The Holland & Holland Range Rover comes painted in a deep green reminiscent of the baize lining of Holland & Holland gun cases, although also perhaps also reminiscent of the “bomber cockpit green” that the original Land Rover Series I cars were painted in.
The Holland & Holland Range Rover is a limited edition and Land Rover’s SVO unit makes just forty of them per year. The price is quite similar to that of a Holland & Holland “Royal” double rifle, which tend to be in the six figure realm of nice crisp British pound notes. For current pricing and options you will find a contact form at the bottom of the Holland & Holland Range Rover page on their website if you click here.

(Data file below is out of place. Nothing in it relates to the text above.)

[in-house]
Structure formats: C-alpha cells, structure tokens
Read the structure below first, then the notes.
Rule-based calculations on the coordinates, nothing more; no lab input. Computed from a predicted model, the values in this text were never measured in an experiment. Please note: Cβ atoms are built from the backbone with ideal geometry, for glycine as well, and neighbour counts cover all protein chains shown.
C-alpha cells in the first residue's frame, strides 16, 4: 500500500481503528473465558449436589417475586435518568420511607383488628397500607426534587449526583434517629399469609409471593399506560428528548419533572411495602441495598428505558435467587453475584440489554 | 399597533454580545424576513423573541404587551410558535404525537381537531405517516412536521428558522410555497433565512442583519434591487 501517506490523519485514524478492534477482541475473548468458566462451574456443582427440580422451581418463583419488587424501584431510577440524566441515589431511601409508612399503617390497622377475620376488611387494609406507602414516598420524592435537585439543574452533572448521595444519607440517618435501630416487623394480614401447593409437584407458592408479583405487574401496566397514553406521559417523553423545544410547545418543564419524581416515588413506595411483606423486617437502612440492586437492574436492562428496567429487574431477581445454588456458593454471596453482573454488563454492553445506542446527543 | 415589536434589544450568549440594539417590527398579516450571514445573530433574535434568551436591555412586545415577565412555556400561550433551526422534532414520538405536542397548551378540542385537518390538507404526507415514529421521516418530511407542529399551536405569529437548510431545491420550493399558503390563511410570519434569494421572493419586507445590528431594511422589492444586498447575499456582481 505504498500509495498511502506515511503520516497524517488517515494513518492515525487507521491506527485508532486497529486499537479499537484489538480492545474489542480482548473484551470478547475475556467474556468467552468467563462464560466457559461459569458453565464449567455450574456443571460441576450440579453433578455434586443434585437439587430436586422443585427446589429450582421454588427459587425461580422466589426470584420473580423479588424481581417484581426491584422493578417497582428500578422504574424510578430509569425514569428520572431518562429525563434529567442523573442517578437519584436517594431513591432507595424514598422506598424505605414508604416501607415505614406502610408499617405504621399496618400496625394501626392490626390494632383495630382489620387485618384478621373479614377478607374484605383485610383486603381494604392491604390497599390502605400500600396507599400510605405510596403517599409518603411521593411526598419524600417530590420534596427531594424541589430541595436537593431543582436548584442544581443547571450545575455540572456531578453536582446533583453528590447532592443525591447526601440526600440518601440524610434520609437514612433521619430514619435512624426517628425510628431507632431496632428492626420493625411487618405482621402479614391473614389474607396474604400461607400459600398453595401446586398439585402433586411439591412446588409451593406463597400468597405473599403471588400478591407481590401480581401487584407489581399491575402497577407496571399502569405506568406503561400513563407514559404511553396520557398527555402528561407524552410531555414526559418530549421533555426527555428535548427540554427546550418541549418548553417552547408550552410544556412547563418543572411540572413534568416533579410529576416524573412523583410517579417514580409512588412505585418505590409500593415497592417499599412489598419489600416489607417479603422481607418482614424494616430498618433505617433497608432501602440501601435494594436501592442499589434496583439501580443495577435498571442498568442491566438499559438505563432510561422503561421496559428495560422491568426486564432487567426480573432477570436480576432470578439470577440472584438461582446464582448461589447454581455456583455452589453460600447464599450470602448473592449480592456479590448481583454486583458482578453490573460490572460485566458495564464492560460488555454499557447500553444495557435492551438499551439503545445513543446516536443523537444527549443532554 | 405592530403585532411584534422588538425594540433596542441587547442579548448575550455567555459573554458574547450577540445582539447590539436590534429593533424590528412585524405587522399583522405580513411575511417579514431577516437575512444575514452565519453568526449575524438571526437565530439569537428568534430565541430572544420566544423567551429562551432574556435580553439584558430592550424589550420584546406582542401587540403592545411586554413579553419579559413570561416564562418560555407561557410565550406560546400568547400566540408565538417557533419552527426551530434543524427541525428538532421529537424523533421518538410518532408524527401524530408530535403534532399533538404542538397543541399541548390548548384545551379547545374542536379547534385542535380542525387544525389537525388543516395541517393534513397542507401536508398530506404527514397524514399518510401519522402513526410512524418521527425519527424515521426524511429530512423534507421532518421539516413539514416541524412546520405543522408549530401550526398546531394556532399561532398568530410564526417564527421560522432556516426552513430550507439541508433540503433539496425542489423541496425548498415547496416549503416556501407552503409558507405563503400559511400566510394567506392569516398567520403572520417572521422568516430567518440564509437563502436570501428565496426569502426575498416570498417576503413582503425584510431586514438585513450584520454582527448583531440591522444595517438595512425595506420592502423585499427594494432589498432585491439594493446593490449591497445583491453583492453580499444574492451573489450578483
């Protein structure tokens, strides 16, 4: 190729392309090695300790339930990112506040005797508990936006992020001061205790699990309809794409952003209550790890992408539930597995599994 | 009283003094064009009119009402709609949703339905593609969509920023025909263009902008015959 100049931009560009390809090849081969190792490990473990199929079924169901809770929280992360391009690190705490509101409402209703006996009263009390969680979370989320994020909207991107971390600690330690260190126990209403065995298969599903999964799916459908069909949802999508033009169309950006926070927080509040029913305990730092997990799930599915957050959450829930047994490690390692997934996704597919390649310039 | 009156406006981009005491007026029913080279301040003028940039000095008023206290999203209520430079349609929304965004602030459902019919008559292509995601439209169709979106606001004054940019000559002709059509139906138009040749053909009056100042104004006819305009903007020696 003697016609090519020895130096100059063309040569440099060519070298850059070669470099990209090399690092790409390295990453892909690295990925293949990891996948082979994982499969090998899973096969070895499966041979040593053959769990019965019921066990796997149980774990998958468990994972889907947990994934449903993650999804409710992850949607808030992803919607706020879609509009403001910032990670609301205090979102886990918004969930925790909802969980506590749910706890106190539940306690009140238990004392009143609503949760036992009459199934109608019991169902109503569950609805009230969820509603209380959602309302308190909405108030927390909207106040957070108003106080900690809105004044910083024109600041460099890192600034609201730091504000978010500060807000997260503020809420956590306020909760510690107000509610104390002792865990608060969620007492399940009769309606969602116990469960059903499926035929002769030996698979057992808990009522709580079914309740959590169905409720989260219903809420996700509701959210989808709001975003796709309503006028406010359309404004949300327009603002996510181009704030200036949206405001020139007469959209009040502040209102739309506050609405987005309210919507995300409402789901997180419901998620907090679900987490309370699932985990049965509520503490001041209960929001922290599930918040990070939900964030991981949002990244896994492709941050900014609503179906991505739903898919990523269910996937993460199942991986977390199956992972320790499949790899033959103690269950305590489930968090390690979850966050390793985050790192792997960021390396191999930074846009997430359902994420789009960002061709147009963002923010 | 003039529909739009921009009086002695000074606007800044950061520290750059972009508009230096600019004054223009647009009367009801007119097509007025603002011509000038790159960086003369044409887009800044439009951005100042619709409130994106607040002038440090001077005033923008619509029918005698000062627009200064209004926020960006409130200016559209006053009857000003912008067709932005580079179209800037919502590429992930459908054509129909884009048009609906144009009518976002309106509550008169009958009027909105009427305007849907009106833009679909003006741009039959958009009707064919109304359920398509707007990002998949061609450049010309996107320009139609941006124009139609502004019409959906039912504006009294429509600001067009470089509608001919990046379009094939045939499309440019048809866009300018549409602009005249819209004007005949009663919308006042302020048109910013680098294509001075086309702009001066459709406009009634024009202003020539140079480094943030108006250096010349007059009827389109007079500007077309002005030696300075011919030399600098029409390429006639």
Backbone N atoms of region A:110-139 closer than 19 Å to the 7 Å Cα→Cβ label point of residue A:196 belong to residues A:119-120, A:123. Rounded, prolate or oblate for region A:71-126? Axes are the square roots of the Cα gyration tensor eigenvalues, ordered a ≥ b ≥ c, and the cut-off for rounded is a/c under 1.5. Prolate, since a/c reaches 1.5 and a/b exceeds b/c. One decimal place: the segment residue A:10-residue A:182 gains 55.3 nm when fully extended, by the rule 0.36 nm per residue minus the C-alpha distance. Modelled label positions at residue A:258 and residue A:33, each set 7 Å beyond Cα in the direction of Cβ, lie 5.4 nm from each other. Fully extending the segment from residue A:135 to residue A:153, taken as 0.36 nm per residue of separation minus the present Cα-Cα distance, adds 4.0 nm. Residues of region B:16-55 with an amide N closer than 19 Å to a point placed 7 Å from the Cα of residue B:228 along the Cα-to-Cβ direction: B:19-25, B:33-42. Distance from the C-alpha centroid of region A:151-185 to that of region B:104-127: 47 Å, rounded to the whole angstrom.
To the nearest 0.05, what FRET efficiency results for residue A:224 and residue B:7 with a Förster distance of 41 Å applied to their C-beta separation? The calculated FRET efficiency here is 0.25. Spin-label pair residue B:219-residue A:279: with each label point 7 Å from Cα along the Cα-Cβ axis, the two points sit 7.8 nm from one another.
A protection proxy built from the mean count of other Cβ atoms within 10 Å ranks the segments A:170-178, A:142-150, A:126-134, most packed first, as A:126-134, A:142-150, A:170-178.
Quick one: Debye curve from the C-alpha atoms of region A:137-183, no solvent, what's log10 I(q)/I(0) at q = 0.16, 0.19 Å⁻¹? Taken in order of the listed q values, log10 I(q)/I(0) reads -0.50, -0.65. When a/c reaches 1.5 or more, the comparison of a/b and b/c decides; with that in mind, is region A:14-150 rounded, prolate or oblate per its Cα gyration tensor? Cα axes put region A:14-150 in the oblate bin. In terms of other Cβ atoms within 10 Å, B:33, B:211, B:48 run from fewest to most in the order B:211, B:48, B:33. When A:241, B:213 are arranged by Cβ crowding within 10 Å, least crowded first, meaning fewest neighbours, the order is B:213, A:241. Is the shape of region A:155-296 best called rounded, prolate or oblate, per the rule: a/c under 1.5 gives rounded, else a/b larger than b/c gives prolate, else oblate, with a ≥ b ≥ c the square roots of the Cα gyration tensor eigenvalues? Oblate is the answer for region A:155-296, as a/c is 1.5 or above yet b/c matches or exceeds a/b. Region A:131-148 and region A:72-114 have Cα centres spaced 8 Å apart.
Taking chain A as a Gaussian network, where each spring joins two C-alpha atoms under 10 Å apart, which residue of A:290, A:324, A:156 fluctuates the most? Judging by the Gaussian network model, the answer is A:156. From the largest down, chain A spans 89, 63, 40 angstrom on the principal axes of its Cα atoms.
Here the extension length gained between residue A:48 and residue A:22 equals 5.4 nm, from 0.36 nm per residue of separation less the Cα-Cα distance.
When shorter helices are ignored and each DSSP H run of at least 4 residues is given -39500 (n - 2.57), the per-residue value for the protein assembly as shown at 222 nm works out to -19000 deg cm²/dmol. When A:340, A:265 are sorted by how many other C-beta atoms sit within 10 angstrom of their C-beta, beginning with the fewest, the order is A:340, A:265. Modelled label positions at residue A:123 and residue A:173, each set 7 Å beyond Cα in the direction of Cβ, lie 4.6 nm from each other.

This vehicle brings together two of Britain’s most famous names, one of Britain’s most outstanding automobile makers, with one of Britain’s most famous makers of fine sporting guns and rifles. No doubt in the future the value of both the car and the rifles could be expected to prove them to be good investments.
Jon Branch is the founder and senior editor of Revivaler and has written a significant number of articles for various publications including official Buying Guides for eBay, classic car articles for Hagerty, magazine articles for both the Australian Shooters Journal and the Australian Shooter, and he’s a long time contributor to Silodrome.
Jon has done radio, television, magazine and newspaper interviews on various issues, and has traveled extensively, having lived in Britain, Australia, China and Hong Kong. His travels have taken him to Indonesia, Israel, Italy, Japan and a number of other countries. He has studied the Japanese sword arts and has a long history of involvement in the shooting sports, which has included authoring submissions to government on various firearms related issues and assisting in the design and establishment of shooting ranges.